A rack is a set equipped with a binary operation satisfying axioms analogous to the second and third Reidemeister moves in knot theory. The most commonly appearing racks in nature are quandles, which satisfy an additional axiom analogous to the first Reidemeister move.

While mainly used to obtain invariants of framed knots, racks are interesting algebraic structures in their own right: they capture the idea of an algebraic structure where every element acts as an automorphism of that structure.


A rack may be defined as a set RR with a binary operation \triangleright such that for every a,b,cRa, b, c \in R the self-distributive law holds:

a(bc)=(ab)(ac)a \triangleright (b \triangleright c) = (a \triangleright b)\triangleright (a \triangleright c)

and for every a,bRa,b \in R there exists a unique cRc \in R such that

ac=ba \triangleright c = b

This definition, while terse and commonly used, is suboptimal for certain purposes because it contains an existential quantifier which is not really necessary. To avoid this, we may write the unique cRc \in R such that ac=ba \triangleright c = b as bab \triangleleft a. We then have

ac=bc=ba a \triangleright c = b \iff c = b \triangleleft a

and thus

a(ba)=b a \triangleright (b \triangleleft a) = b


(ab)a=b(a \triangleright b) \triangleleft a = b

Using this idea, a rack may be equivalently defined as a set RR with two binary operations \triangleright and \triangleleft such that for all a,b,cRa, b, c \in R:

(1)a(bc)=(ab)(ac) a \triangleright (b \triangleright c) = (a \triangleright b)\triangleright (a \triangleright c)
(2)(cb)a=(ca)(ba) (c \triangleleft b) \triangleleft a = (c \triangleleft a)\triangleleft (b \triangleleft a)
(3)(ab)a=b (a \triangleright b)\triangleleft a = b
(4)a(ba)=a a \triangleright (b \triangleleft a) = a

It is convenient to say that the element aRa \in R is acting from the left in the expression aba \triangleright b, and acting from the right in the expression bab \triangleleft a. The third and fourth rack axioms then say that these left and right actions are inverses of each other. Using this, we can eliminate either one of these actions from the definition of rack. If we eliminate the right action and keep the left one, we obtain the terse definition given initially. However, the longer definition makes it clear that racks are algebras of Lawvere theory.

Notations and Conventions

Many different conventions are used in the literature on racks and quandles. For example, many authors prefer to work with just the right action. Furthermore, the use of the symbols \triangleright and \triangleleft is by no means universal: many authors use exponential notation

ab= ab a \triangleright b = {}^a b


ba=b a b \triangleleft a = b^{a}

while many others write

ba=ba b \triangleleft a = b \star a

We may equivalently define a rack in the following more conceptual manner: it is a set where each element acts on the left and right as automorphisms of the rack, with the left action being the inverse of the right one. In this definition, the fact that each element acts as automorphisms encodes the left and right self-distributivity laws, and also these laws:

a(bc)=(ab)(ac) a \triangleright (b \triangleleft c) = (a \triangleright b)\triangleleft (a \triangleright c)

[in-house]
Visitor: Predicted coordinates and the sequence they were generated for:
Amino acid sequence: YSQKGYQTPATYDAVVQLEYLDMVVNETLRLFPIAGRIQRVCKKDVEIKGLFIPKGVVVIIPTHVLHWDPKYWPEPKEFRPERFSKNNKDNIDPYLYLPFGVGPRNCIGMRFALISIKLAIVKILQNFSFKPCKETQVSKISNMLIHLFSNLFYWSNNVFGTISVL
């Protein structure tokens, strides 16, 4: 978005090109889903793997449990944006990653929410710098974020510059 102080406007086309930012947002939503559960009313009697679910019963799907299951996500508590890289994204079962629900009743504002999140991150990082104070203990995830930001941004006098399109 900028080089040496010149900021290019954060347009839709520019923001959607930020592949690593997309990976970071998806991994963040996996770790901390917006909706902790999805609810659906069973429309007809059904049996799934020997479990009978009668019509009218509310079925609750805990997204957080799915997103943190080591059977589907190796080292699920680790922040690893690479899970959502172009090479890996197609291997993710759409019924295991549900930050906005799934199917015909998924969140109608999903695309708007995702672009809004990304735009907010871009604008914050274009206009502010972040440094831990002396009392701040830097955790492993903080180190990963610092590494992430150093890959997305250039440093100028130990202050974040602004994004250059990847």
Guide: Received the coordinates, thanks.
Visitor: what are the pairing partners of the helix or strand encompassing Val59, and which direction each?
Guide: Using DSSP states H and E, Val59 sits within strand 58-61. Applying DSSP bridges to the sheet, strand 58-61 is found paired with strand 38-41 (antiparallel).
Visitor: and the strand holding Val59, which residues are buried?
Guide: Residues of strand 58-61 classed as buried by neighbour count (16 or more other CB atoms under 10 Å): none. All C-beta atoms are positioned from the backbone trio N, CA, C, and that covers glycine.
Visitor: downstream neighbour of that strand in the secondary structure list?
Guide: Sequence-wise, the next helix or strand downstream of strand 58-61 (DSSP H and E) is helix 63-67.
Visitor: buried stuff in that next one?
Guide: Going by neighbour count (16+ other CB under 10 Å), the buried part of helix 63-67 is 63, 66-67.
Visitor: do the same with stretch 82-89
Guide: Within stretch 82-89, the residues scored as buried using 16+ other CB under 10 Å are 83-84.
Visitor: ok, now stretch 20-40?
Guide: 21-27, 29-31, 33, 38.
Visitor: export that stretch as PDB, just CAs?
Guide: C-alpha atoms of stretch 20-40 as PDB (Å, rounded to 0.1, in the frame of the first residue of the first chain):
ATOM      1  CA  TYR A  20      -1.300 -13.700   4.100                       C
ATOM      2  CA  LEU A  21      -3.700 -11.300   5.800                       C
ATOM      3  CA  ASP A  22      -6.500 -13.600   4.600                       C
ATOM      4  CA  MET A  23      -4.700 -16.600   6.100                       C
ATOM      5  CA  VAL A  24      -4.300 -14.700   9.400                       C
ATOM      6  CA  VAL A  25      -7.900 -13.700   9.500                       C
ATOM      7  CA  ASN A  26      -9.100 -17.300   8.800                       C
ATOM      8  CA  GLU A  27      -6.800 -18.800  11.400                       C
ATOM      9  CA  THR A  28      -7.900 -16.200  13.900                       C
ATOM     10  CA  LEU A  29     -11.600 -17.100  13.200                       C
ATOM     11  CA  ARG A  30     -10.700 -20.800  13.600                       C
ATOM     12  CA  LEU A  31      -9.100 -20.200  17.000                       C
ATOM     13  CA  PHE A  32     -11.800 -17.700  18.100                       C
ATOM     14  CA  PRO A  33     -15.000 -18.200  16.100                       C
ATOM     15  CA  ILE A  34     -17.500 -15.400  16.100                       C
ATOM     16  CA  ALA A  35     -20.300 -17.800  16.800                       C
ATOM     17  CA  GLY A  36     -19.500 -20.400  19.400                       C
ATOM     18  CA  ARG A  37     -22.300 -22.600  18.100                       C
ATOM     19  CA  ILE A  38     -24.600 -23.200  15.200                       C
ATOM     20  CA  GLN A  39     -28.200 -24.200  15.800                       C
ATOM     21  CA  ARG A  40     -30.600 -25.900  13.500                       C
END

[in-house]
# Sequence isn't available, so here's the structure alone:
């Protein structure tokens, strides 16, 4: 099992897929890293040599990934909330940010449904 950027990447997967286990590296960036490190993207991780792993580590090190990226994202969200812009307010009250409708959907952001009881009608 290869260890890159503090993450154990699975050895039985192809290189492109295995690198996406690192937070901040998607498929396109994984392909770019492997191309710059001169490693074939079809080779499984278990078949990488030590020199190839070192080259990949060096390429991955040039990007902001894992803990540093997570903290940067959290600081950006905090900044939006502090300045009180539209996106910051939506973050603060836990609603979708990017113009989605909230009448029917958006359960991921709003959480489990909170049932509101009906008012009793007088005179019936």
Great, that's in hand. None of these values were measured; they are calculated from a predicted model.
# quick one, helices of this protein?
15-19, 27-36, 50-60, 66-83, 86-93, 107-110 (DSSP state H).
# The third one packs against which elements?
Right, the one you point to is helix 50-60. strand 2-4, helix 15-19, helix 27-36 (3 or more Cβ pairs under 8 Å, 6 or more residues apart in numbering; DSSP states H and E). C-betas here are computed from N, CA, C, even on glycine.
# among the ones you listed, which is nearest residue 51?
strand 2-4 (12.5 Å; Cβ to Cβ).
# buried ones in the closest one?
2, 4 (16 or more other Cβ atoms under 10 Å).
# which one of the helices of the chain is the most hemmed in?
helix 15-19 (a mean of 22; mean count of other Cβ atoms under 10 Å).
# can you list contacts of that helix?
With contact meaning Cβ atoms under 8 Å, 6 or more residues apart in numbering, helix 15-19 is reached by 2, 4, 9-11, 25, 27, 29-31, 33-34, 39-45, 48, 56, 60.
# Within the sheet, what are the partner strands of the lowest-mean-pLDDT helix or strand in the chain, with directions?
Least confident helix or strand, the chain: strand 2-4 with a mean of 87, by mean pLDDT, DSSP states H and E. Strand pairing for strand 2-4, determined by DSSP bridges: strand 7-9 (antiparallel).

(cb)a=(ca)(ba)(c \triangleright b) \triangleleft a = (c \triangleleft a)\triangleright (b \triangleleft a)

which are consequences of the definition(s) given earlier.

Even simpler than a rack is a shelf. A set with a binary operation \triangleright obeying the left self-distributive law

a(bc)=(ab)(ac) a \triangleright (b \triangleright c) = (a \triangleright b)\triangleright (a \triangleright c)

is called a left shelf, and similarly a set with a binary operation \triangleleft obeying the right self-distributive law is called a right shelf.

A unital left shelf is the same as a graphic monoid: for a proof see graphic category.


  • Gavin Wraith, A personal story about knots.

  • Wikipedia, Racks and quandles

  • Colin Rourke, Roger Fenn, (1992). Racks and links in codimension 2. J. Knot Theory and Its Ramifications 1 (4): 343–406.

  • Roger Fenn, Colin Rourke, Brian Sanderson, Trunks and classifying spaces, Appl. Categ. Structures 3 (1995), no. 4, 321–356 MR1364012doi; The rack space, Trans. Amer. Math. Soc. 359 (2007), no. 2, 701–740 MR2255194

  • Sam Nelson, Quandle theory.

  • J. Scott Carter, A survey of quandle ideas, arXiv.

  • Seiichi Kamada, Knot invariants derived from quandles and racks, arXiv.

  • Alissa Crans, Shelves, racks, spindles and quandles, arXiv, in Lie 2-Algebras, p. 56.

The last reference makes it clear that racks are algebras of a Lawvere theory, so that racks may be defined in any cartesian monoidal category (a category with finite products).

  • Nicolás Andruskiewitsch, Matiás Grañab, From racks to pointed Hopf algebras, Adv. Math. 178(2):177–243 (2003, arxiv (doi)

A generalization of Lie integration to conjectural Leibniz groups has been conjectured by J-L. Loday. A local version via local Lie racks has been proposed in

  • Simon Covez, The local integration of Leibniz algebras, arXiv; On the conjectural cohomology for groups, arXiv; L’intégration locale des algèbres de Leibniz, Thesis (2010), pdf

There are also crossed modules for racks:

  • Alissa S. Crans, Friedrich Wagemann, Crossed modules of racks, arXiv

Revised on June 4, 2015 15:52:10 by John Baez (